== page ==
In State v. Michael A. Konecny (A-21-20/084880) (Decided April 5, 2022), the Supreme Court of New Jersey held a previous uncounseled conviction for driving while intoxicated (DWI) can’t be used to enhance a sentencing scheme for subsequent DWI convictions. The court further holds that a conviction vacated through post-conviction relief
In State v. O.D.A.-C. (A-78-20/085608) (Decided May 2, 2022), the Supreme Court of New Jersey held that because a detective repeatedly contradicted and minimized the significance of the Miranda warnings, the State could not shoulder its heavy burden of proving the defendant’s waiver was voluntary. Facts of State v. O.D.A.-C.
In Graphnet, Inc. v. Retarus, Inc. (A-71-20/085529) (Decided February 11, 2022), the Supreme Court of New Jersey ruled that a new trial on damages was required after the jury received confusing instructions on the purpose of nominal damages by stating in the same instructions that nominal damages compensate a plaintiff
In Kathleen M. Moynihan v. Edward J. Lynch (A-64-20/085157) (Decided March 8, 2022), the Supreme Court of New Jersey held that N.J.S.A. 25:1-5(h)’s provision compelling parties to seek the advice of counsel — and therefore retain counsel — before signing a palimony agreement violates the substantive due process guarantee of
In State v. Anthony Sims, Jr. (A-53-20/085369) (Decided March 16, 2022), the New Jersey Supreme Court rejected an Appellate Division ruling requiring police officers, prior to interrogation, to inform an arrestee of the charges that will be filed against him, even when no complaint or arrest warrant has been issued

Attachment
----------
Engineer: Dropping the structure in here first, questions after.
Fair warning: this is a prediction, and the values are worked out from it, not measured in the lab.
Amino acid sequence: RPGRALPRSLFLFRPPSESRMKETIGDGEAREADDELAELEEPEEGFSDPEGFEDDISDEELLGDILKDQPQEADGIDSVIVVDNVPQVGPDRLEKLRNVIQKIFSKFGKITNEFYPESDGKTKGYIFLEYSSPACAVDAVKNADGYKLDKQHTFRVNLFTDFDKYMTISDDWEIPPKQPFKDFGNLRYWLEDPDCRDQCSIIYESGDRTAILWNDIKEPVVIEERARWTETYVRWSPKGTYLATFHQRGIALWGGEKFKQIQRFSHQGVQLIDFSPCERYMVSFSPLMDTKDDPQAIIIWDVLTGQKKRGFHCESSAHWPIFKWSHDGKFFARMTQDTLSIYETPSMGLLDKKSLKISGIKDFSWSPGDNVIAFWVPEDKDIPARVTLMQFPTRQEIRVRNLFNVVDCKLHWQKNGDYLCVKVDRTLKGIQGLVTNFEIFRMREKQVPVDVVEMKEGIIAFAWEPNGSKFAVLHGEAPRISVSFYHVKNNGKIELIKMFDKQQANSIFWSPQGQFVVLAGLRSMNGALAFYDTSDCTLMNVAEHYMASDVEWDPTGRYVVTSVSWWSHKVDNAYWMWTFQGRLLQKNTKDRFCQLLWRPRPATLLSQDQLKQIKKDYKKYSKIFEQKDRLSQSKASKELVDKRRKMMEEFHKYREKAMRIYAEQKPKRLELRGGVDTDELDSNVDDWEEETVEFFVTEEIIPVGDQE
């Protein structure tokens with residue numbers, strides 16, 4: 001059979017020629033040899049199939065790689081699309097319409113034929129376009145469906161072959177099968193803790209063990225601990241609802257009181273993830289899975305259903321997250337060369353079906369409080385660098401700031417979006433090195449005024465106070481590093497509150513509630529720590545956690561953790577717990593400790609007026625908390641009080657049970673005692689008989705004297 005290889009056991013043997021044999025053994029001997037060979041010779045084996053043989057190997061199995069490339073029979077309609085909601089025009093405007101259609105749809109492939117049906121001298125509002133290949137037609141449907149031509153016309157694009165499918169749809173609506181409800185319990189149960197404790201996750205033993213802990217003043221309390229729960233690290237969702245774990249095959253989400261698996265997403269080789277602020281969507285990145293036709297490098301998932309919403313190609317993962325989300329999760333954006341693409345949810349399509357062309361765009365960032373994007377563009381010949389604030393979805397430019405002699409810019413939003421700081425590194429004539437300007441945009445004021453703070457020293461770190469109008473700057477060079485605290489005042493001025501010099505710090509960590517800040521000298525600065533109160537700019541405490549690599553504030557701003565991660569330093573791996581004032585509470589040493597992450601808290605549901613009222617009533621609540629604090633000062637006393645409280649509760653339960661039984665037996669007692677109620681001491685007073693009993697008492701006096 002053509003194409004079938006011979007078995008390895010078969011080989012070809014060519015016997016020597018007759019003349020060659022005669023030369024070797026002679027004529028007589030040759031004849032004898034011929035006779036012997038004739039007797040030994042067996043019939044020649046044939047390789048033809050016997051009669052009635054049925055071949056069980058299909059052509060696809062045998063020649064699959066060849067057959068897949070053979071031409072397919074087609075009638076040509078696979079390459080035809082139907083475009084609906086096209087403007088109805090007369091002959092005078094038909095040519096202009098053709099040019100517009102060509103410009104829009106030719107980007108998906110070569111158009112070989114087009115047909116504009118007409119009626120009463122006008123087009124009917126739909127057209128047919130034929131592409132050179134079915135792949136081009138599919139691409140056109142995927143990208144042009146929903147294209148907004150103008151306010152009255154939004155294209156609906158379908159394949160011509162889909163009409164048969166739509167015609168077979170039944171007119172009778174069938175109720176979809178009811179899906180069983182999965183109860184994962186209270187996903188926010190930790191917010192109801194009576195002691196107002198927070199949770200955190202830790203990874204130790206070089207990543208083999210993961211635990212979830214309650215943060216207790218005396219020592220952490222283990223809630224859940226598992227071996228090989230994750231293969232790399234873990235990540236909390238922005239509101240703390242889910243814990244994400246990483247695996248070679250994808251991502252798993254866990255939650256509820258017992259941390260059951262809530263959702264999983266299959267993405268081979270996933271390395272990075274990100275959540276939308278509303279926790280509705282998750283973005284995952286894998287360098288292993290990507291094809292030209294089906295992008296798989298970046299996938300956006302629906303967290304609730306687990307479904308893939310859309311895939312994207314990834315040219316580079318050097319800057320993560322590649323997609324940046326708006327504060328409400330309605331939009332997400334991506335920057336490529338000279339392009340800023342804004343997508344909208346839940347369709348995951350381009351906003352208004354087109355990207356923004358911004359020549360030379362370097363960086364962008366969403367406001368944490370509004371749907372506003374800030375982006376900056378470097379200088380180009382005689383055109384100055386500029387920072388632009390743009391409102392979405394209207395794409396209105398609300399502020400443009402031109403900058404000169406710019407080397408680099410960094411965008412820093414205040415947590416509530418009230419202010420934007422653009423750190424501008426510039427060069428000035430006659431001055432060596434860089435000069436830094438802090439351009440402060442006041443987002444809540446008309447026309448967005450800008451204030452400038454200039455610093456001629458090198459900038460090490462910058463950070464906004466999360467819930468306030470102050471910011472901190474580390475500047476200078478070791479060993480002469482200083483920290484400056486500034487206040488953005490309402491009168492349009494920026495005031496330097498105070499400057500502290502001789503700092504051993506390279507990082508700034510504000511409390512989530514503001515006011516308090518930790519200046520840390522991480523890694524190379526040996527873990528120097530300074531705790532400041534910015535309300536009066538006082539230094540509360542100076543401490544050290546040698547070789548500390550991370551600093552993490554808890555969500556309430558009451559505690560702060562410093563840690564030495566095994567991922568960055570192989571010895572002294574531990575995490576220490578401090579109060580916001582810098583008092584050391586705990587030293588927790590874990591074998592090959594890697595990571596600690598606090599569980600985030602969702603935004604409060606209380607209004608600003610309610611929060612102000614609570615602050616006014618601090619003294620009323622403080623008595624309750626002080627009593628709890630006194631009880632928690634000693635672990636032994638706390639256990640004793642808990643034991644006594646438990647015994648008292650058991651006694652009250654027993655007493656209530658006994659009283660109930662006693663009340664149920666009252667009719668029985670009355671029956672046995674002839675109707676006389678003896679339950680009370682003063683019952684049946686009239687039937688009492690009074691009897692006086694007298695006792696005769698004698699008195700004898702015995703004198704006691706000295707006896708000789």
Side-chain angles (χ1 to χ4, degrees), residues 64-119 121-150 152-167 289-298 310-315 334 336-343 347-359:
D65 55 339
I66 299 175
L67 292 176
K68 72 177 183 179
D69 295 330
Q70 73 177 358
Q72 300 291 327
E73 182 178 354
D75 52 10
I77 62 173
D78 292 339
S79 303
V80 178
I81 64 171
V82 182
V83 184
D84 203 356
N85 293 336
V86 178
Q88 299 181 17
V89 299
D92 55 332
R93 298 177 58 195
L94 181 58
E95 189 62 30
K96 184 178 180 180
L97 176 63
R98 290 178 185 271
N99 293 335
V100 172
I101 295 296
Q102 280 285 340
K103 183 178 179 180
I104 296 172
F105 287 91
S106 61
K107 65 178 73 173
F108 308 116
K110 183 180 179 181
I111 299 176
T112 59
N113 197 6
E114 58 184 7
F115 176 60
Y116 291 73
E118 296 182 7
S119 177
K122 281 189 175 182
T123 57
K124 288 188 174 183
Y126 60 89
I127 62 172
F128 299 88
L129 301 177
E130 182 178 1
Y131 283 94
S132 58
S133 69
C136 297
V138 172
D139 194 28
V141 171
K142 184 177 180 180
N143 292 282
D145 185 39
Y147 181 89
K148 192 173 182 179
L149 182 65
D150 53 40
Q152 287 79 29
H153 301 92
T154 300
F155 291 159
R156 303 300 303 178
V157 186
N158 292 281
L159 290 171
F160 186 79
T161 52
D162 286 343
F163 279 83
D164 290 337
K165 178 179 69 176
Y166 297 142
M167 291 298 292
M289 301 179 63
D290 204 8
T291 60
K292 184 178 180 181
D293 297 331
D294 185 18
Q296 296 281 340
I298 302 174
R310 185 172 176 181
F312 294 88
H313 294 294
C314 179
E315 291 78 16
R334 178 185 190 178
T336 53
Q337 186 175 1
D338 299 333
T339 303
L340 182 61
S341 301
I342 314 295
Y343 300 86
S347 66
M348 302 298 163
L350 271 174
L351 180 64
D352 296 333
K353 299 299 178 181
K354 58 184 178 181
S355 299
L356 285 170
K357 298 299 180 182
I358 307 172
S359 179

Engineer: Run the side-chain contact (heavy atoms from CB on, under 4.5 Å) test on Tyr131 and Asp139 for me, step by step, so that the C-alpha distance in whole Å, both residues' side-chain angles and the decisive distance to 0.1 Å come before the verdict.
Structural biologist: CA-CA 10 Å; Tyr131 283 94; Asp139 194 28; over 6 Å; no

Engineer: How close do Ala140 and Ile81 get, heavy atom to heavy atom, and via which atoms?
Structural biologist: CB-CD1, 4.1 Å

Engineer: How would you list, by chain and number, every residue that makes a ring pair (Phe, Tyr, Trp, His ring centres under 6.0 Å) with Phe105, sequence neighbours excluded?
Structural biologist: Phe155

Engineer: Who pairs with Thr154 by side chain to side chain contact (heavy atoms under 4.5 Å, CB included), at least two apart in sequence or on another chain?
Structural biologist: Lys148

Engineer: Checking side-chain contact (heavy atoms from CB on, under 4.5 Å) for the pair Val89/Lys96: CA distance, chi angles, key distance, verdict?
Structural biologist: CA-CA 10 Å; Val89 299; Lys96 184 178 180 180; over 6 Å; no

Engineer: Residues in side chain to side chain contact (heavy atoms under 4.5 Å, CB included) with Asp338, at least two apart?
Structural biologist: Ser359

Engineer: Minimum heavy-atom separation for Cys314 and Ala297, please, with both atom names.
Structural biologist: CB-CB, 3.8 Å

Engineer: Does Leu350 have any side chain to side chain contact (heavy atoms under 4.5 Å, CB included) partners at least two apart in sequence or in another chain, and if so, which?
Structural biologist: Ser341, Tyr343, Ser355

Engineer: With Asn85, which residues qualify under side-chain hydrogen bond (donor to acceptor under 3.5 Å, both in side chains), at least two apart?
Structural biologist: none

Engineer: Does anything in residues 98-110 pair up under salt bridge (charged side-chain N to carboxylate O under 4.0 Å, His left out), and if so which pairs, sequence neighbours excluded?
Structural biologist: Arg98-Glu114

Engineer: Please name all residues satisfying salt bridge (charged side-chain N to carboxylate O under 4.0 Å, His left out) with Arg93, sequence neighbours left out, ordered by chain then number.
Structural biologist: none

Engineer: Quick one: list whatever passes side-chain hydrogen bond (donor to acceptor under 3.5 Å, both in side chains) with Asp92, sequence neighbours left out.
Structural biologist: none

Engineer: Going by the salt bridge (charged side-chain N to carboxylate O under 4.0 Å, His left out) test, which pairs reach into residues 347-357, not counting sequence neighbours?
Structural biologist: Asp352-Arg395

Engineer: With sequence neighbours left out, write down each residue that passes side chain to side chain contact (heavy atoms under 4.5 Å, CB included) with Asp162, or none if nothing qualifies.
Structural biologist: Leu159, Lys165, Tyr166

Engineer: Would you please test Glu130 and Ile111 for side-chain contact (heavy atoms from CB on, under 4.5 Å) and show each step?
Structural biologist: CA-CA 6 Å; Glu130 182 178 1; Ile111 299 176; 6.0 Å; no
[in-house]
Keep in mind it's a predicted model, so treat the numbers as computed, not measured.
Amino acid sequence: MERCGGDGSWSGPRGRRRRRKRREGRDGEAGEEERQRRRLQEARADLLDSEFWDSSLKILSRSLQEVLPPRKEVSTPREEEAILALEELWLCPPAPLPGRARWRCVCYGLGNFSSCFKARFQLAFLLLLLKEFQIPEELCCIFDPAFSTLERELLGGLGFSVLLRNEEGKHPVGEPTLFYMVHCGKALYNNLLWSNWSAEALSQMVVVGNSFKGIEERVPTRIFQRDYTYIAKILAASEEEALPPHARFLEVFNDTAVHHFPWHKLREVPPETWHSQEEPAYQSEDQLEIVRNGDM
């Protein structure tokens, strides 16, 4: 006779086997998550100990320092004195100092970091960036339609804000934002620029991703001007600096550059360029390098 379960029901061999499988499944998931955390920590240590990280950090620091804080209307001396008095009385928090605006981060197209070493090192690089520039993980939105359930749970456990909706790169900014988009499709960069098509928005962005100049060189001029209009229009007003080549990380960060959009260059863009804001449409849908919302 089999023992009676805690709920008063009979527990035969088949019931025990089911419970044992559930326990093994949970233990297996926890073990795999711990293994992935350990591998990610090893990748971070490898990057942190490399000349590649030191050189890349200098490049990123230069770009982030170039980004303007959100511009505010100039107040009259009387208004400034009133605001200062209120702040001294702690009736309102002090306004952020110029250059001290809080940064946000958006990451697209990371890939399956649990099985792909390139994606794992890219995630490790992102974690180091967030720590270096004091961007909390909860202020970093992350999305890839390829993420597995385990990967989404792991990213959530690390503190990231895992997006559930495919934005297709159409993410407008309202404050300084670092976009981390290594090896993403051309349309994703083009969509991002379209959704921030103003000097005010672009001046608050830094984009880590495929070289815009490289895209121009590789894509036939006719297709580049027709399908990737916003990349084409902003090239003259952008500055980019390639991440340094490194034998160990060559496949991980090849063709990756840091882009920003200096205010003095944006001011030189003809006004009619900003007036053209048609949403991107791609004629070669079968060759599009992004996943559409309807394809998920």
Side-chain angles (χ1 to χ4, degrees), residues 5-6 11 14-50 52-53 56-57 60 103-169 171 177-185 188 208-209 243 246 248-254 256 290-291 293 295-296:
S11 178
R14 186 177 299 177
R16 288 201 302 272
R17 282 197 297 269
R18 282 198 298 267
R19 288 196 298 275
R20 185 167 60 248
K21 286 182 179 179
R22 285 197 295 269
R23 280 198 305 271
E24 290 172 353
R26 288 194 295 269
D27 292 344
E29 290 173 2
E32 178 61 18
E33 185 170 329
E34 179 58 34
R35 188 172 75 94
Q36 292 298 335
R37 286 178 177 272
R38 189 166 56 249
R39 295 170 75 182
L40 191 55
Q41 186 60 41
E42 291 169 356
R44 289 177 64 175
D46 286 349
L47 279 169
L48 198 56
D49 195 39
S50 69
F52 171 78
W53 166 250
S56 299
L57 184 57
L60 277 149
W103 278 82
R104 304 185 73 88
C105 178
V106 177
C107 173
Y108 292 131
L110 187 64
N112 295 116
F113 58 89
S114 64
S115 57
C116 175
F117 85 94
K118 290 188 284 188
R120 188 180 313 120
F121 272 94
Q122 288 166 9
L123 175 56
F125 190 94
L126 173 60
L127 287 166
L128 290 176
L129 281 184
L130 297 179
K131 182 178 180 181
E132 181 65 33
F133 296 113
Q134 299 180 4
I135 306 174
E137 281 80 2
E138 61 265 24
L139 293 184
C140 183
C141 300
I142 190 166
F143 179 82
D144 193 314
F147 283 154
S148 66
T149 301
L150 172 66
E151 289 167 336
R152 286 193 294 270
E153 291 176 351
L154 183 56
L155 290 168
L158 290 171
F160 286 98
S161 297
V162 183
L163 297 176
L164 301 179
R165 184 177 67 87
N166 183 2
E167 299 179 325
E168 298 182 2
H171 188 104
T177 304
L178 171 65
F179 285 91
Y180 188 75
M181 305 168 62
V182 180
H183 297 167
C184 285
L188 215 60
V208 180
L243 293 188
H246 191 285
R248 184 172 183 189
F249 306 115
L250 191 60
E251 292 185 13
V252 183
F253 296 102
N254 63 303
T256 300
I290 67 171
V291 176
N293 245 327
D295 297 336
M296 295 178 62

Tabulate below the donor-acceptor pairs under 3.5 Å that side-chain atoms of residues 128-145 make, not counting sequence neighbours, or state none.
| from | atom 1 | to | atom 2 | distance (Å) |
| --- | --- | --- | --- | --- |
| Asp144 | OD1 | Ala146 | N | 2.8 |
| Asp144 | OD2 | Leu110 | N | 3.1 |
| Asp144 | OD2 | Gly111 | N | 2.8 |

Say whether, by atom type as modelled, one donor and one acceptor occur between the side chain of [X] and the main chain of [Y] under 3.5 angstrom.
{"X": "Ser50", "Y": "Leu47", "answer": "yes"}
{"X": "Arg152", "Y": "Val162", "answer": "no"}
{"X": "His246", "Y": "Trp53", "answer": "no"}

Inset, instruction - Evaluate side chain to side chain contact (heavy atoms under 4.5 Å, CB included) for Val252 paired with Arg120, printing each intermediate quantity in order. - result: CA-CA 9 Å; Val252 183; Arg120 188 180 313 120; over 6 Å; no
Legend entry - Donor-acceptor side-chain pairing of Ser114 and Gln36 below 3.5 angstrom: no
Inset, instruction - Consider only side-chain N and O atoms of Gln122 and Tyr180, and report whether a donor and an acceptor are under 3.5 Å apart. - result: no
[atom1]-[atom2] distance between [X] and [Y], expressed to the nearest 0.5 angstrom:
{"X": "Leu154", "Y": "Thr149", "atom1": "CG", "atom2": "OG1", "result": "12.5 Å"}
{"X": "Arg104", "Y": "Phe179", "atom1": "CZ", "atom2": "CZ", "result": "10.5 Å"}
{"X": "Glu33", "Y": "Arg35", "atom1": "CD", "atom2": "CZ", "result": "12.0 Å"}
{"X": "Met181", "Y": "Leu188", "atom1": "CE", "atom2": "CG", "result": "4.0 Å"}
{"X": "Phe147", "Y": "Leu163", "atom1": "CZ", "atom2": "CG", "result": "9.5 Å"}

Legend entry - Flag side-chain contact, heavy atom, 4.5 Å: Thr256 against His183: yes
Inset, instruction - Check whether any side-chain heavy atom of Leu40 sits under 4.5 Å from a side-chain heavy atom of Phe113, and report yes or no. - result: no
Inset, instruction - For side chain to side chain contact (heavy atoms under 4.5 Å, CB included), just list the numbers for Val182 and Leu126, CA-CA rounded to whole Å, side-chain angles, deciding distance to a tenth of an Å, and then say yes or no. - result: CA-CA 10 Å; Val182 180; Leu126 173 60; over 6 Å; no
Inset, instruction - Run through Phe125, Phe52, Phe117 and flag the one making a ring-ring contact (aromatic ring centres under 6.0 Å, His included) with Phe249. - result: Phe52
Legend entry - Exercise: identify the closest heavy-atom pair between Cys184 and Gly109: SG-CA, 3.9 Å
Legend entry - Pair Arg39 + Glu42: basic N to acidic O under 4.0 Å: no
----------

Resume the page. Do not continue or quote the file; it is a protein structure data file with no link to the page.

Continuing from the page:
In Aleice Jeter v. Sam’s Club (A-2-21/085880) (Decided March 17, 2022), the Supreme Court of New Jersey clarified when the “mode of operation” rule applies. Under the “mode of operation” rule, plaintiffs who bring premises liability claims against businesses that employ self-service models do not need to show that the
In Rivera v. Union County Prosecutor’s Office (A-58-20/084867) (Decided March 14, 2022), the Supreme Court of New Jersey held that the Open Public Records Act (OPRA) does not permit access to internal affairs reports, but those records can and should be disclosed under the common law right of access —
In Libertarians for Transparent Government v. Cumberland County, (A-34-20/084956) (Decided March 7, 2022), the Supreme Court of New Jersey held that a settlement agreement between a former corrections officer and his employer, defendant Cumberland County, may be disclosed under the Open Public Records Act (OPRA), subject to redaction. According to